One of the best ways to heal your gut from the effects of a lifetime of poor dietary habits is the GAPS diet as recommended by Dr. Natasha Campbell McBride. For more information, visit the GAPS web site.
You may want to consider taking a digestive enzyme for additional support for digestion. Some brands available from the health food store which are good include Enzorb by Sun Warrior and Digest by Premier Research Labs. For more specific and potent support, ask a qualified health professional who has access to professional line of digestive enzymes. Some practitioners can recommend powerful enzymes not available on the mainstream market, and depending on individual need, this type of product may be appropriate.
You may need additional fiber in your diet for a period of time to help overcome issues you are experiencing as a result of poor dietary habits. Recommended products include Colon Plus by Biotics Research or Gastro-Fiber by Standard Process. Or, consult a knowledgeable practitioner who can recommend the right product.
Use aloe vera daily. Drinking liquid aloe vera is very soothing and helps heal the digestive tract of a variety of disorders. Aloe vera encourages the bowels to move more efficiently and effectively, and is a great detoxifying agent. Recommended brands are George’s and Country Life. Drink 2-3 ounces of aloe vera in the morning at least a half an hour before breakfast and between meals (two hours after eating) for maximum benefit.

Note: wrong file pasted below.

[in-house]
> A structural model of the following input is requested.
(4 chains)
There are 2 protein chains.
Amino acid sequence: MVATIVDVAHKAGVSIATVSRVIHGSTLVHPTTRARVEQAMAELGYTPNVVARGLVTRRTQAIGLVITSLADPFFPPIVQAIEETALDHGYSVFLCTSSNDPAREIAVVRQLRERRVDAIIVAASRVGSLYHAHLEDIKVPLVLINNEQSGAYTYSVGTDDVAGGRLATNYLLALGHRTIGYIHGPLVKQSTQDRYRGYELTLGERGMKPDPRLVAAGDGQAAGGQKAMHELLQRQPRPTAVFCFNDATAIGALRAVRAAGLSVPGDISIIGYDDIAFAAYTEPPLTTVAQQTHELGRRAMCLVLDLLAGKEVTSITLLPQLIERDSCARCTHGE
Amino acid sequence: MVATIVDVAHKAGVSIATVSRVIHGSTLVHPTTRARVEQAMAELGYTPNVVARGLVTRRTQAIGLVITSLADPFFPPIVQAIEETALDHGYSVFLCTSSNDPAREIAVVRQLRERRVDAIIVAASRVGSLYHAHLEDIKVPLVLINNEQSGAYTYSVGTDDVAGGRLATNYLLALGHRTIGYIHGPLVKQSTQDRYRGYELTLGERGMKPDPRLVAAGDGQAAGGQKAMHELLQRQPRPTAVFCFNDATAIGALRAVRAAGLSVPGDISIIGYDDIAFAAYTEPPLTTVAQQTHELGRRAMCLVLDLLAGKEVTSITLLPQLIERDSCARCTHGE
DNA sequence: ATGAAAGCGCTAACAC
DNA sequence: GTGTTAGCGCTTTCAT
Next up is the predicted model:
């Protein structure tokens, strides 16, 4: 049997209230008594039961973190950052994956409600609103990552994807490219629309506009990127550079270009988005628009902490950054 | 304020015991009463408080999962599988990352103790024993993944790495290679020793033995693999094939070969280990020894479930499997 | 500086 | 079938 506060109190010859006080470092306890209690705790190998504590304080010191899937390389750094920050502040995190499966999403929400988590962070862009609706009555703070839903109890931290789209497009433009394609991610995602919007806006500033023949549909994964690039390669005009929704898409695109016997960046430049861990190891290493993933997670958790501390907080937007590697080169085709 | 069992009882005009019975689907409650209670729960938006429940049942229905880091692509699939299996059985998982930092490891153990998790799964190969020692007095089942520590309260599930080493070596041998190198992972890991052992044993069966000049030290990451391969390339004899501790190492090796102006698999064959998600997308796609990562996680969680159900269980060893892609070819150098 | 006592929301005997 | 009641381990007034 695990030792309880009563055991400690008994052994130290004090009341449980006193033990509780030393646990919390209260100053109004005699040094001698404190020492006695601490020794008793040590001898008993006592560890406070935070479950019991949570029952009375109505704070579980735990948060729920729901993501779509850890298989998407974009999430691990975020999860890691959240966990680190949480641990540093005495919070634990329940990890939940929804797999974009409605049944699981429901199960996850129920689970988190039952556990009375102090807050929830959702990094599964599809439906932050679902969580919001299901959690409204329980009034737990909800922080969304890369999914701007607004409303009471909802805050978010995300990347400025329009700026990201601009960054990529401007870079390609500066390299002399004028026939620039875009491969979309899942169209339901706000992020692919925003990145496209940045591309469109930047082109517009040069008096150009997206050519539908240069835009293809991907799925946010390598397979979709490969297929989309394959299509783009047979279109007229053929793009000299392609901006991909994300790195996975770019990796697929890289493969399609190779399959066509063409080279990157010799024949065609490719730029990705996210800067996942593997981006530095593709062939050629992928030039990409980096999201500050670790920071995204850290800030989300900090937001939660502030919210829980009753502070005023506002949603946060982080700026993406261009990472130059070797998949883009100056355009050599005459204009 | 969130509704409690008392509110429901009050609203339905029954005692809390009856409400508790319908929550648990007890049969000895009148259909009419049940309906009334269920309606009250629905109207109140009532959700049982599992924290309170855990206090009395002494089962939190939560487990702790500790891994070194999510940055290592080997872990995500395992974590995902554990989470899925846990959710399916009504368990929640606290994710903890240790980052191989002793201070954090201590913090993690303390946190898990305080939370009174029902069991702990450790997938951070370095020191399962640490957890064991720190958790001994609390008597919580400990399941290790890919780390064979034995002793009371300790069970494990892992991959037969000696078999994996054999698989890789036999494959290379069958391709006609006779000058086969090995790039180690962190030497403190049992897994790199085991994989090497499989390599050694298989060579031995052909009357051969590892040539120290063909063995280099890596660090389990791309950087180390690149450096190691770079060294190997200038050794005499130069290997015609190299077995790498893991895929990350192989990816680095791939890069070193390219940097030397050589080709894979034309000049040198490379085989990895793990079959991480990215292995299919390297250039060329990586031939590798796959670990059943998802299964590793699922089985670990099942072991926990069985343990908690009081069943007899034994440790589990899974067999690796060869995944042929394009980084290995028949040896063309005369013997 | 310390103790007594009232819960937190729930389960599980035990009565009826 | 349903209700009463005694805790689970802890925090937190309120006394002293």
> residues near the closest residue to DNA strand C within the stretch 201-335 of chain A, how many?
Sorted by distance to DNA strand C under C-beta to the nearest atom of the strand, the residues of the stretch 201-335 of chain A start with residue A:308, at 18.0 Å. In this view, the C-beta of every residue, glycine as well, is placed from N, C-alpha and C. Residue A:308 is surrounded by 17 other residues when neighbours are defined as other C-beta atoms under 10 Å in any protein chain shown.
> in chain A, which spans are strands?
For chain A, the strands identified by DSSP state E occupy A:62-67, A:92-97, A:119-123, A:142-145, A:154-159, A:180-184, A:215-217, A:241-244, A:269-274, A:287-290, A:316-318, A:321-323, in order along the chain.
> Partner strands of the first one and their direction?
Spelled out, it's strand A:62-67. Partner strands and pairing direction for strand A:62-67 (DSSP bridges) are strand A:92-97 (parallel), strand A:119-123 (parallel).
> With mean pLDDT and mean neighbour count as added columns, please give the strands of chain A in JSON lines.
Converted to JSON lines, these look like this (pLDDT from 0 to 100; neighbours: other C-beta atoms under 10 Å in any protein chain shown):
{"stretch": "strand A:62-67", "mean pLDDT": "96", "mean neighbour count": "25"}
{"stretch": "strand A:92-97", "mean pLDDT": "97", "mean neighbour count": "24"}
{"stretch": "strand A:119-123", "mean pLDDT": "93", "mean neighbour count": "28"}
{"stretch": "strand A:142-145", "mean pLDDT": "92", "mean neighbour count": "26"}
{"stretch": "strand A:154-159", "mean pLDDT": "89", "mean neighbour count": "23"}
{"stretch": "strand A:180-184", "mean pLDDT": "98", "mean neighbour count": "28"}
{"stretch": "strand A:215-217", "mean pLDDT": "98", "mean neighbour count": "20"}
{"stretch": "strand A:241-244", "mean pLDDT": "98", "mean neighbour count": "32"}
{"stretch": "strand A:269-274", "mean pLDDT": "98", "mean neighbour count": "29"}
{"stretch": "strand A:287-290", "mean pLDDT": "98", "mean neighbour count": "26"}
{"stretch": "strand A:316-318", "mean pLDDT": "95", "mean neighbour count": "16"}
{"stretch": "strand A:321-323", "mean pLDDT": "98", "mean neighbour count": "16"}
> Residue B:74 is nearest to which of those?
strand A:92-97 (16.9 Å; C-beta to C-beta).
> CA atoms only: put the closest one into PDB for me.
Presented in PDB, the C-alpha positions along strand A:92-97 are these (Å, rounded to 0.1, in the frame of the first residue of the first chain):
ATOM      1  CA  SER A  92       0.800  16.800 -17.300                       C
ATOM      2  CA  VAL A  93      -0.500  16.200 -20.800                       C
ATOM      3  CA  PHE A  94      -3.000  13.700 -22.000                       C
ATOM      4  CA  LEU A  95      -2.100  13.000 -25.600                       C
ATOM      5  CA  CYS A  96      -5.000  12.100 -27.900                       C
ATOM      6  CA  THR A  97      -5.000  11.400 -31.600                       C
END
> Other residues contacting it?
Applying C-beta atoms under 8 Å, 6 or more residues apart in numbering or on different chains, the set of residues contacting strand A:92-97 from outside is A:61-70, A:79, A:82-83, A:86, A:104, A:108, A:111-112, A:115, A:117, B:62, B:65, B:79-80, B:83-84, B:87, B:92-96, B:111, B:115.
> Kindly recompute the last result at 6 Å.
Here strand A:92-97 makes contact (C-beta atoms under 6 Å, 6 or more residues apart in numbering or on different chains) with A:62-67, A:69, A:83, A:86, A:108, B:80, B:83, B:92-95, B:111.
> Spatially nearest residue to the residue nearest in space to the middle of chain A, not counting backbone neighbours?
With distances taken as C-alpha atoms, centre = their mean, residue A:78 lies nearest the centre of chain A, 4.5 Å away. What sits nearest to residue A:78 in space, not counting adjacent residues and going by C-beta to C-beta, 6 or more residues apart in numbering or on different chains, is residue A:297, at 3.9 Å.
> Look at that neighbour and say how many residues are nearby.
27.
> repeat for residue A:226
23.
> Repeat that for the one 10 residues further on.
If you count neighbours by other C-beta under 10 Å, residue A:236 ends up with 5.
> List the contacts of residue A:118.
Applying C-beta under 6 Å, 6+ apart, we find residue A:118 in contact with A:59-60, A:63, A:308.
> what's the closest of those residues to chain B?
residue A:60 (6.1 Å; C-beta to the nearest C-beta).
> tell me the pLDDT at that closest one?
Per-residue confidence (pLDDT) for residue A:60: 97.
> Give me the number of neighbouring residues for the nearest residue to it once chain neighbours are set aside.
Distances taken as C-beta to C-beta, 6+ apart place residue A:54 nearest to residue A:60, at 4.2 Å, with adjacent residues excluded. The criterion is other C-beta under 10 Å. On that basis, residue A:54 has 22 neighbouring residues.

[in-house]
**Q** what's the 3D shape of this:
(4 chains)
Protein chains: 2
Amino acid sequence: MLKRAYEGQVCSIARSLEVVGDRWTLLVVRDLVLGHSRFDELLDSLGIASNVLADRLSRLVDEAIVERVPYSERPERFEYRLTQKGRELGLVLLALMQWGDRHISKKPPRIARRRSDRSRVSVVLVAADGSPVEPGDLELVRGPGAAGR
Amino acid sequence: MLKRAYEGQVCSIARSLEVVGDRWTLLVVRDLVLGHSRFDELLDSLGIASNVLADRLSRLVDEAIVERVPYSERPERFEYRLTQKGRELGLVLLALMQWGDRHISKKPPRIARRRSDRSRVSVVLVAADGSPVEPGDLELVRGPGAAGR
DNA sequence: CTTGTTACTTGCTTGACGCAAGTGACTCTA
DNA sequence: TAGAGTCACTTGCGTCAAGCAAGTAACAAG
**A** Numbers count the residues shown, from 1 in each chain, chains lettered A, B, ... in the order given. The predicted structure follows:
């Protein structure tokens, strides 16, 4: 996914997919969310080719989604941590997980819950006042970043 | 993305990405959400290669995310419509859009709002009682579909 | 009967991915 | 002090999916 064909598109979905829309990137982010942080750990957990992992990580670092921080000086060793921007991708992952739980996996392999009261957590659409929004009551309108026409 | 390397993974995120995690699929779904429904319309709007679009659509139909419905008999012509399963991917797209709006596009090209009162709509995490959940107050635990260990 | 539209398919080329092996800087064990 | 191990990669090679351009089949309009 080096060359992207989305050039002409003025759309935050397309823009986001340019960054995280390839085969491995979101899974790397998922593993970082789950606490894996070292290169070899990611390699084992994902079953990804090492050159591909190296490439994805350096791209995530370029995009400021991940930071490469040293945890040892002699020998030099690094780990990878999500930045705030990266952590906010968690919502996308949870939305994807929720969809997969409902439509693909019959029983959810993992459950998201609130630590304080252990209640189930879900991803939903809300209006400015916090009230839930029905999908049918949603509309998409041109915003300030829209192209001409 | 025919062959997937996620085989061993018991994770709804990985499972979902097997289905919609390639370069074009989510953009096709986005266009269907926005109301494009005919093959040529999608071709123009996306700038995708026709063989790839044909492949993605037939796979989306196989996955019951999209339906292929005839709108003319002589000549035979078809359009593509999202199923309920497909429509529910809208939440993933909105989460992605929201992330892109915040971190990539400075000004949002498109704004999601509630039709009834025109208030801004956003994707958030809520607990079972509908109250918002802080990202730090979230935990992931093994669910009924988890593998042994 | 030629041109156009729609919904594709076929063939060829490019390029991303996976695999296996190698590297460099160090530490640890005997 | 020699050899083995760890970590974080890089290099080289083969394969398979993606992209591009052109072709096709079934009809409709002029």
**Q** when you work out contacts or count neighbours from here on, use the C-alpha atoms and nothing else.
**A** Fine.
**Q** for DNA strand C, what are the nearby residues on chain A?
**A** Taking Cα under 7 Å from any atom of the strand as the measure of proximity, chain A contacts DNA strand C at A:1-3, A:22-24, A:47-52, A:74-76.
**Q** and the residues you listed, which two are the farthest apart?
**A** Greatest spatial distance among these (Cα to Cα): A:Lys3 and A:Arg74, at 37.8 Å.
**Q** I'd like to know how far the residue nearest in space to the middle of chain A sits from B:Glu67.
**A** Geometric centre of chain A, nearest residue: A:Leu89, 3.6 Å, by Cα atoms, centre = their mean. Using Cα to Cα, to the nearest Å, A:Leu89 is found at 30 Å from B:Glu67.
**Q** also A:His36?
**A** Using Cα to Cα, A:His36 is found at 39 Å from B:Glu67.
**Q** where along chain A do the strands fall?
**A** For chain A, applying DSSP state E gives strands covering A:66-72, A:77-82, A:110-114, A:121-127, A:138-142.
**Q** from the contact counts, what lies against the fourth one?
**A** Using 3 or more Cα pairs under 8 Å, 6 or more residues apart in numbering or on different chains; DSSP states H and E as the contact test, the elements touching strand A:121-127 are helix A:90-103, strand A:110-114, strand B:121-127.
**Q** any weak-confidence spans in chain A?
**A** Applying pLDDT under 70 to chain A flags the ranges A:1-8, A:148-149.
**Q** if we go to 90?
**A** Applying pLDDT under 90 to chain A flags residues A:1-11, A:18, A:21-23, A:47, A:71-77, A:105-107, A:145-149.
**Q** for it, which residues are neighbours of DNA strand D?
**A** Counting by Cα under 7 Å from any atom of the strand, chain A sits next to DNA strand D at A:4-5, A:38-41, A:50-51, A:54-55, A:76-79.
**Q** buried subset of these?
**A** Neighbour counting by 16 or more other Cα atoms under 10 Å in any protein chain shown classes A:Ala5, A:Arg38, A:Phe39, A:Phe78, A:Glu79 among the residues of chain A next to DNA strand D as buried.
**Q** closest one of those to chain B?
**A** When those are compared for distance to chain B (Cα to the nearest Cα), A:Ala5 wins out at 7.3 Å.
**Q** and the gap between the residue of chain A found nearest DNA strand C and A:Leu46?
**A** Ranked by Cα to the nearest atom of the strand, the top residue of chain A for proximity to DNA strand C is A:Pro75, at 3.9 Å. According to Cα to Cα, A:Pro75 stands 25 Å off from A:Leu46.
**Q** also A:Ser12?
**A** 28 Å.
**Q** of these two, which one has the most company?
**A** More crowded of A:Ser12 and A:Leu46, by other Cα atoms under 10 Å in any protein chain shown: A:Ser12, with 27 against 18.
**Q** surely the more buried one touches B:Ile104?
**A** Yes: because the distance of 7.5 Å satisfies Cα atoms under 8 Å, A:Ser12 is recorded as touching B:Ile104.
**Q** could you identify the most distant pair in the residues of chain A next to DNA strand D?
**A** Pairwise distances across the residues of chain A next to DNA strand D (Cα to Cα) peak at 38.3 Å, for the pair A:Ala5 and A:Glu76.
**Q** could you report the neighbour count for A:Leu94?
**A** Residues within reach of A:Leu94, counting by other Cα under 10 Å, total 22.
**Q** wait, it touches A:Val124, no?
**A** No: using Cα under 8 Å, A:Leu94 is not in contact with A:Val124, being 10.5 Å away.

Foods that do not digest properly such as packaged and processed foods can cause digestive issues. As much as possible, avoid and eliminate.
- Ongoing or chronic stress can result in overgrowth of harmful bacteria and digestive disorders as well as lethargy, mood disorders, and other issues. Identify and eliminate stress as much as possible and find ways to engage in relaxation, meditation, prayer and rest regularly.
You may want to consider a detoxification protocol to help heal your gut. A knowledgeable practitioner who has experience in this area can help you determine which protocol is optimal for you.
Cover image by Billy Williams https://unsplash.com/photos/8wz1Q4Q_XAg